TV Recap: The Muppets, ‘A Tail of Two Piggies’

Written by Chris Diggins



After her tail hangs out during a wardrobe malfunction, Miss Piggy is harassed by the media and the Muppet Newsman. Meanwhile, Gonzo, dejected that Camilla the Chicken broke up with him, buys a house with Rizzo and Pepe from Big Mean Carl’s sister, Big Mean Carla. The house, it just so happens, used to belong to Ian Ziering.

The Muppets have been back for only two weeks now, and already things are looking pretty good. Last week’s episode demonstrated an encouraging self-awareness of what people wanted from the show. The reboot is much softer than what was implied before, but a light touch that makes everything just that little bit better was probably the right choice. I think I was a little more forgiving of the show’s original direction than most, and I’m a little sad to see some of it go; Denise, in particular, was a storyline I would have liked to have seen expanded upon rather than jettisoned. But there’s no denying that there were some pretty fundamental problems going on with that version of the show, and this version seems to have fixed many of them.

Photo Credit: ABC/Nicole Wilder
Photo Credit: ABC/Nicole Wilder

This episode sees Miss Piggy in trouble after accidentally exposing her tail at a premiere. At first mortified, she grows into a spokesperson for pigs’ rights after a young pig tells her how much it inspired her. The nice thing about this development is how much it gets grounded in Piggy’s character. She’s a pig obsessed with self-image, so her initial reaction makes complete sense, but her ego and self-importance are as big a factor as any altruistic concerns in her decision to embrace being a role model for young pigs. Still, it’s important to note that altruism does, in fact, factor into that decision, something both equally true to her character and something I could easily see being left out if this episode had been made during the show’s earlier run.

The show, probably wisely, avoids drawing too specific a parallel between Piggy’s situation and any particular real world issues, but the general feminist overtones are pretty clear. And while the whole thing is a bit too cute to really get into any serious discussion on modern feminism or women’s issues, for a half-hour sitcom treatment it’s fairly nuanced in its depiction. Piggy points out the double standard of many of the other tailed Muppets, particularly the male ones, getting away with not only exposing their tails but barely wearing anything at all. And Pepe and Rizzo get in a flippant but pointed line at the end, “The key to attracting more ladies is to respect them and embrace the things they care about. Who knew?” It’s not a revelatory thesis on the topic, but it’s nice to see a network sitcom starring a cultural institution like the Muppets start saying things like this.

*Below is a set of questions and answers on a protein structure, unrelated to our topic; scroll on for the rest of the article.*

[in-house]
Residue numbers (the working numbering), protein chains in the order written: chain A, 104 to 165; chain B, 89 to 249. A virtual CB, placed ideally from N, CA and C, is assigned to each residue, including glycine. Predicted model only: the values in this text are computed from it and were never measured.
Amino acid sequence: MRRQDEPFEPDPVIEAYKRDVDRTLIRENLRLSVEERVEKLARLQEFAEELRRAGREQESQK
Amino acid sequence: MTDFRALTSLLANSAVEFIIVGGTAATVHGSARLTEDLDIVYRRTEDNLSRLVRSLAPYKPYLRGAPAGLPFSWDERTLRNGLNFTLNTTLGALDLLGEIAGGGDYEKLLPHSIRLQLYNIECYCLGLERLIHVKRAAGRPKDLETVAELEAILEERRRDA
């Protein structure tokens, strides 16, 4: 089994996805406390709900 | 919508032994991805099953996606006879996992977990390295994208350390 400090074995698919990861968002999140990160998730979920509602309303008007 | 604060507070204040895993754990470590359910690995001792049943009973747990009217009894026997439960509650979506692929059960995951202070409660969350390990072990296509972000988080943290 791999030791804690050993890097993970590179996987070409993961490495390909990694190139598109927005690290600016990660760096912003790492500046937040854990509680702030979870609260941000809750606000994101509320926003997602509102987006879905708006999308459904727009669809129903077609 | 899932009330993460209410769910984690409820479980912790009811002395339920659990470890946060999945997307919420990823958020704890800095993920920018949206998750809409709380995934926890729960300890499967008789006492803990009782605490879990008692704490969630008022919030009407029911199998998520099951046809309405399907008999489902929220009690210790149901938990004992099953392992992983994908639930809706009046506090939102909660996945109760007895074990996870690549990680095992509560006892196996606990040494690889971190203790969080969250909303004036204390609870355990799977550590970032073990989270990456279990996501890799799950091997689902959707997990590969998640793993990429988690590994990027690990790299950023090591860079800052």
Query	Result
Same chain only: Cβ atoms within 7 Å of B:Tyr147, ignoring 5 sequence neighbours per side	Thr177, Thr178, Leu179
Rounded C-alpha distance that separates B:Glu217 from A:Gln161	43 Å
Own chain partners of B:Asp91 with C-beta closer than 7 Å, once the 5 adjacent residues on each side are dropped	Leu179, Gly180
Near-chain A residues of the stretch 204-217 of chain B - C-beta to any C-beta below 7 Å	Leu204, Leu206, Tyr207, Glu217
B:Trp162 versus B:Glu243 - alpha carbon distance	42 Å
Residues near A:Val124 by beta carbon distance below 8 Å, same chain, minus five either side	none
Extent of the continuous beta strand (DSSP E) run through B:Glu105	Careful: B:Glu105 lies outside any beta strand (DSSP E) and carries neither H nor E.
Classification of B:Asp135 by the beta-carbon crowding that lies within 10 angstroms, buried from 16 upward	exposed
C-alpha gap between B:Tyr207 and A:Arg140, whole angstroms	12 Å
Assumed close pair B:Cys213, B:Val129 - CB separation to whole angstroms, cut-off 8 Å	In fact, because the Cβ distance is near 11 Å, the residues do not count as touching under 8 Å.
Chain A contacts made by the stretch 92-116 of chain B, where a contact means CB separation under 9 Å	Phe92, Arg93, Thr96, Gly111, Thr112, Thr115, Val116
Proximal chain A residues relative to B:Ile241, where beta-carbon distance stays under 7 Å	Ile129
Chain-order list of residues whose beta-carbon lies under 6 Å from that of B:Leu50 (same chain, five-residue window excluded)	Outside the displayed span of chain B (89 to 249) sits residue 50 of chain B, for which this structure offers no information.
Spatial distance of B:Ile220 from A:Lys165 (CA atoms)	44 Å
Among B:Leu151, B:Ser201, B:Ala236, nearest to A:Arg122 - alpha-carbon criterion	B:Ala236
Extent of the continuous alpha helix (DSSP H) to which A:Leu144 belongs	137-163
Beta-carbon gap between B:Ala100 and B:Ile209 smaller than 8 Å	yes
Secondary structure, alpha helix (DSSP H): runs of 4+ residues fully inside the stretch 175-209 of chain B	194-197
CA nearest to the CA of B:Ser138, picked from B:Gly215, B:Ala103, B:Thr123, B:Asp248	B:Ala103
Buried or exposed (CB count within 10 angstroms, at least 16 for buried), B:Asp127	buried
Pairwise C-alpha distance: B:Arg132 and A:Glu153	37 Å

Photo Credit: ABC/Eric McCandless
Photo Credit: ABC/Eric McCandless

Meanwhile, in the background, Pepe and Rizzo decide to cheer Gonzo up on the anniversary of Camilla leaving him. Pepe and Rizzo, along with Uncle Deadly, have been the comedic MVPs of the series so far, so it’s always good to see them get a plot. This one isn’t anything too special, but the development of the three of them all moving in together promises some comedy gold in the future. And as long as we’re on the subject of strong comedic ensemble characters, it’s good to see that June Diane Raphael’s studio executive character appears to be a recurring role. She has a strong handle on the kind of vaguely menacing positivity that makes Lucy such a fun character.

Still, I would say that I didn’t laugh quite as much this week as last week. There are some great jokes (“I tell my waterboardist everything,” Piggy says casually), but the focus seems slightly more on the plot than the humor this time around. And bringing the ensemble more into the show is a great idea for The Muppets itself, but the results have been far less impressive for the show-within-the-show so far. Having Animal guess whether a tweet was by Miss Piggy or Kim Kardashian is not a particularly clever or funny joke all on its own, but what’s worse is it doesn’t make any use of Animal’s strengths as a character. Hopefully as time goes on they’ll find a way to introduce more characteristically madcap humor in these bits, but for now they’re just far too accurate pastiches of lame late night talk show segments.

I sound pretty up on The Muppets this week, but I am still wary about the new direction. The first half of the season had its strong moments too, the problem was that it could never sustain them under the weight of its issues. The show seems far more cohesive now than it did then, but only time will tell if that keeps up. For now, though, it’s a pretty entertaining ride.


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